Careful what you wish for, they say, because, they reckon, it might just come true. “Brilliant!”, you might utter squarely in return, missing the point but remaining perfectly snug in your ignorance. A genie bobbed cross-eyed out of a Guinness bottle and into the Dublin night a couple of years ago, stumbling into a hapless foursome wearing unimpressive stubble and busy putting the world to rights. The magical sprite, once he’d got their attention and knowing his rightful place in this extended metaphor, naturally offered the group a standard issue 3-wish package. After much deliberation, recognising that the world ain’t as pretty as it always seemed in swingin’ 60’s picture books or on Beach Boys album covers, they called firstly for a return to such carefree times. Second, quite importantly, was that they should become the band at the cusp of this revival. And finally, they wanted beards. Really kick ass beards. The bloke had been locked up in a bottle of stout for who’d-care-to-know-how-long, you can’t really criticise the odd inaccuracy. But didn’t he do well!
The first record did an accurate enough job of crafting a band out of place and out of time, the banks of the Liffey were literally switched for the shores of the Pacific, their videos filled full of pretty girls and Californian sunshine – a dream made convincingly to order. But there didn’t seem anywhere to go from there, use once and throw away. Only after their Byrds and Beach Boys 60s love-in, and given they still had 3 decades and an alphabet full of catching up to do, maybe there was one place to go. And maybe it was actually quite obvious. The old genie’s finally come through on his beard promise, and with that they’ve swiped their way forward into a 70s rock warehouse – clichés off the peg, denim, leather, suede and pick-and-mixed posturing. ‘You Can’t Fool Old Friends With Limousines’ is Queen’s ‘Don’t Stop Me Now’ on more than one occasion and ‘Tell Me Something I Don’t Know’ is Elton John recast for a TV-movie. No mistaking.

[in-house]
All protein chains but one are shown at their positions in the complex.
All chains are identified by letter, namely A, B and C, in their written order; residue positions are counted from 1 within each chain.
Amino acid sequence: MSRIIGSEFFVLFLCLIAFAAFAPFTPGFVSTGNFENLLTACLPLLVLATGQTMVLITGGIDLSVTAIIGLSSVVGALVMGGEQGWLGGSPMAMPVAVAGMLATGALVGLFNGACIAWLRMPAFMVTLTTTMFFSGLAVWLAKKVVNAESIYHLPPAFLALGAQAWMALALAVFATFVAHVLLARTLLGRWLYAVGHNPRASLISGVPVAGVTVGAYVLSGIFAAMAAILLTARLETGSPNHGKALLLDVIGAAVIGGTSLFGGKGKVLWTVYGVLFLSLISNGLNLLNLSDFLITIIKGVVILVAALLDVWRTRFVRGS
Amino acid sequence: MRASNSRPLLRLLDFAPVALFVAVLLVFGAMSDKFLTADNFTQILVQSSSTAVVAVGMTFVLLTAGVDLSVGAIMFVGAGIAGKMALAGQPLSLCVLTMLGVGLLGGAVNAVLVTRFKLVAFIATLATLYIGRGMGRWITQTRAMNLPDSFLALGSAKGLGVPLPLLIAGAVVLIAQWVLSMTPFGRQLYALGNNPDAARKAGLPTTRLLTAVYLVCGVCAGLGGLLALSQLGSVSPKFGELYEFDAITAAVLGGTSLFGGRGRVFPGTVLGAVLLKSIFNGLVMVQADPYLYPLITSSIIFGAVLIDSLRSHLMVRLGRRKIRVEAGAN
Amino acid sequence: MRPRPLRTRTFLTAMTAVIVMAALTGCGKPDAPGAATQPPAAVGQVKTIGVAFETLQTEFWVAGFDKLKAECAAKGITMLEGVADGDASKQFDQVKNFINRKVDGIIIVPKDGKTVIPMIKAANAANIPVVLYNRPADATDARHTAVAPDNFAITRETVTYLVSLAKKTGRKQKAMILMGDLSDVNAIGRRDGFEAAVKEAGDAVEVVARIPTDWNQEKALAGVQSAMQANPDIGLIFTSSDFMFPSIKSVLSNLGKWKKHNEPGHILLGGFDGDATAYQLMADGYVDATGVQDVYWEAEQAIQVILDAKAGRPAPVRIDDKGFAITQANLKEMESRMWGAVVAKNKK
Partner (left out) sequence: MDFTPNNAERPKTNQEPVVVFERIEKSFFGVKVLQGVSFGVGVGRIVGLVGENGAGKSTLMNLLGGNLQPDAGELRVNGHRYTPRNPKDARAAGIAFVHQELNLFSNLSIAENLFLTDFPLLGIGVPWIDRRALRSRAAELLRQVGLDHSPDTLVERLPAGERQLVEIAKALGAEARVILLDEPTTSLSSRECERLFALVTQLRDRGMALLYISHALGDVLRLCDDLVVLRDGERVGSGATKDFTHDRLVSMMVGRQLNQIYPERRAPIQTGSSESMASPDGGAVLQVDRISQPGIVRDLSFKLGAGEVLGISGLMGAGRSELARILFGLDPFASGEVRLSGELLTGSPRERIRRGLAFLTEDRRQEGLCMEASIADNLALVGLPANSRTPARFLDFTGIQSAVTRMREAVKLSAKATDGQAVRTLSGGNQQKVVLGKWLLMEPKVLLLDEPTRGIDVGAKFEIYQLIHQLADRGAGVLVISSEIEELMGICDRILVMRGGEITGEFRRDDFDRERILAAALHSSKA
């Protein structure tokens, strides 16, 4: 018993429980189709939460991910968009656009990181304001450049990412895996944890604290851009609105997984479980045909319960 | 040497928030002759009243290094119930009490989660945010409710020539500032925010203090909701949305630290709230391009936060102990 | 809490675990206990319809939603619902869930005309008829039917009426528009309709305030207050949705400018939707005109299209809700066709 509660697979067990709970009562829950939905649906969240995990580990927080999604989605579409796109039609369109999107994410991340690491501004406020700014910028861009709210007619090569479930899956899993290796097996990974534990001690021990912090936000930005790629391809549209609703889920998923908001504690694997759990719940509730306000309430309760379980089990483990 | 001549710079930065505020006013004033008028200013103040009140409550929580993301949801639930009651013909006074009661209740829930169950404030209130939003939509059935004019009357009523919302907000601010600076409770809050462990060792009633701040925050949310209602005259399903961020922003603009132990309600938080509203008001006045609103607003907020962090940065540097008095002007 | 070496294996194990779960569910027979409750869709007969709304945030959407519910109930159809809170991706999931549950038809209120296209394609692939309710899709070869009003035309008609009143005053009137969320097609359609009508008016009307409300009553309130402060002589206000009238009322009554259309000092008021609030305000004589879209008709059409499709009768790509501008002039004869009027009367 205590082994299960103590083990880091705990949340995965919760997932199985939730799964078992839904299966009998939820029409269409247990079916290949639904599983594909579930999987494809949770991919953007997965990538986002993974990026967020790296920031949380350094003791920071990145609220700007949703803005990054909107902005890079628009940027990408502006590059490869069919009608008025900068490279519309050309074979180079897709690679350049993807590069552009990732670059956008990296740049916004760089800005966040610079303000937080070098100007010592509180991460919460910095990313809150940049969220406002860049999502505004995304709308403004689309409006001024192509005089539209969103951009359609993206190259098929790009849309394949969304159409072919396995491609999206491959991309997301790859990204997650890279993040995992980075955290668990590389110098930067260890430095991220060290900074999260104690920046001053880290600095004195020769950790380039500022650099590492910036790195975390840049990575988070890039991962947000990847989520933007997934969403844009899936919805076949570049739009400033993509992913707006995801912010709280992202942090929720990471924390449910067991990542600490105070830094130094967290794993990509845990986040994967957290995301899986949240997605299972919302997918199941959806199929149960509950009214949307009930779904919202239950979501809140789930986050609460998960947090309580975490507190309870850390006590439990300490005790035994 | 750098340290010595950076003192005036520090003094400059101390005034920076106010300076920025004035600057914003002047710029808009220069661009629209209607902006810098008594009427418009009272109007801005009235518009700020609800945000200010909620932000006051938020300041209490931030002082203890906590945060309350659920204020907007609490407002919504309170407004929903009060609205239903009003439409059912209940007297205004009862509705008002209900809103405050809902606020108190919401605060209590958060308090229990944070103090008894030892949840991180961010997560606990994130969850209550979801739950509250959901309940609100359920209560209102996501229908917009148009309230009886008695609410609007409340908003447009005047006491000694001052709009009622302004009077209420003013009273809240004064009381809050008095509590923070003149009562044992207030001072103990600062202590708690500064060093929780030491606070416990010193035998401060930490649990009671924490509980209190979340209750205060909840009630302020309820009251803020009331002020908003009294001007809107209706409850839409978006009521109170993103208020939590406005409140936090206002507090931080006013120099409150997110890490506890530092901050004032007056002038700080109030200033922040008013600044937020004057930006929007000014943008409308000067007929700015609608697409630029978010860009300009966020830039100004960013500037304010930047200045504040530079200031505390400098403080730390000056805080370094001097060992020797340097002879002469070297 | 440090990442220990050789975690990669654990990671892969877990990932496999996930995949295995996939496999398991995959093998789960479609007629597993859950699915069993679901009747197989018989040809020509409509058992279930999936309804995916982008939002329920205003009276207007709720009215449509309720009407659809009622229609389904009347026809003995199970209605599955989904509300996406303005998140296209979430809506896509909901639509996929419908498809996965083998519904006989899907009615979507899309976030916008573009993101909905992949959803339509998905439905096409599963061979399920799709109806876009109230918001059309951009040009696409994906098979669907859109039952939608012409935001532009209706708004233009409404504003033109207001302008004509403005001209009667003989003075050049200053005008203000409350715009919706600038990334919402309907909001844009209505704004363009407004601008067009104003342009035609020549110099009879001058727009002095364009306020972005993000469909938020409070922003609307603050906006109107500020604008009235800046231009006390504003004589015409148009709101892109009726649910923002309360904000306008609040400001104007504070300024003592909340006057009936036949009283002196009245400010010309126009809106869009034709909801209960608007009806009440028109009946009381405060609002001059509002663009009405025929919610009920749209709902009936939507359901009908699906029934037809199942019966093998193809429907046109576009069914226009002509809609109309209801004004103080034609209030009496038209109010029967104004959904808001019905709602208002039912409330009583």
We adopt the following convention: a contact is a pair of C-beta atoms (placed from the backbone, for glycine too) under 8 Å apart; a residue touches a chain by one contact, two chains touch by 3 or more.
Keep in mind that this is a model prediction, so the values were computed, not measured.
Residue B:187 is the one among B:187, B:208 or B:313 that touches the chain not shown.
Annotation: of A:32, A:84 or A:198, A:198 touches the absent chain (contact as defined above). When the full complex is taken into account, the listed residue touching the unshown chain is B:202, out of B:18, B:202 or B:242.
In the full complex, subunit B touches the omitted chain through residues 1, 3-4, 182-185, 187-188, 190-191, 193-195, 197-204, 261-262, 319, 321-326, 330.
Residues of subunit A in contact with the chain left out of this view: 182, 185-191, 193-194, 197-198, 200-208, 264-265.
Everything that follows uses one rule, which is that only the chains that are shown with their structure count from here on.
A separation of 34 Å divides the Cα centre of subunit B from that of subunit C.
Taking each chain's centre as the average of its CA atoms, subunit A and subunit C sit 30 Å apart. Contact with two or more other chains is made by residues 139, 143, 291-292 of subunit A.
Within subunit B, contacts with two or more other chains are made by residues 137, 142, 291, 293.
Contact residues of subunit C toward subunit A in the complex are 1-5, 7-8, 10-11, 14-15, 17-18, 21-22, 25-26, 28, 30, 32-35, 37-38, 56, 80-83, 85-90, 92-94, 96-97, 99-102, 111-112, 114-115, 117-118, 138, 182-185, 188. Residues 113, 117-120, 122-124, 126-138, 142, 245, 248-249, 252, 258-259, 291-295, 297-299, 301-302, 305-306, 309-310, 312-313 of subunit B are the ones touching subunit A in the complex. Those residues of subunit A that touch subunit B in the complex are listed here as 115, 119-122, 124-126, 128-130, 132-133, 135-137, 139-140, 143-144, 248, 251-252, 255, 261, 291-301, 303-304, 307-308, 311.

It’s a record that sounds like a band hypnotised, believing their own hype, and with that they’ve lost the vulnerability that the baby-steps of their debut brought, harmony and subtlety sacrificed for fireworks. Though let’s not over-do it, their debut was hardly so classic it couldn’t withstand tampering. Where the record does succeed, it’s especially courtesy of Conor. His vocals, still convinced they were born and bred in Vegas, are chiselled and distilled, tainted and weathered and increasingly creaky, like Wayne Coyne. In fact, ‘Not For All The Love In The World’ takes a good weightless stab at an ethereal, string-soaked Flaming Lips ballad. And his lyrics, while still remaining well short of an Ivor Novello, are culled from a much higher shelf than the unsure clichés of first time around and worthy of being dotted around the inlay card. ‘Whatever Happened To Corey Haim?’ is the only real single on the record, but ‘So Much For The City’ and ‘One Horse Town’ were the same. Just wait for the best–of in ten year’s time.share this: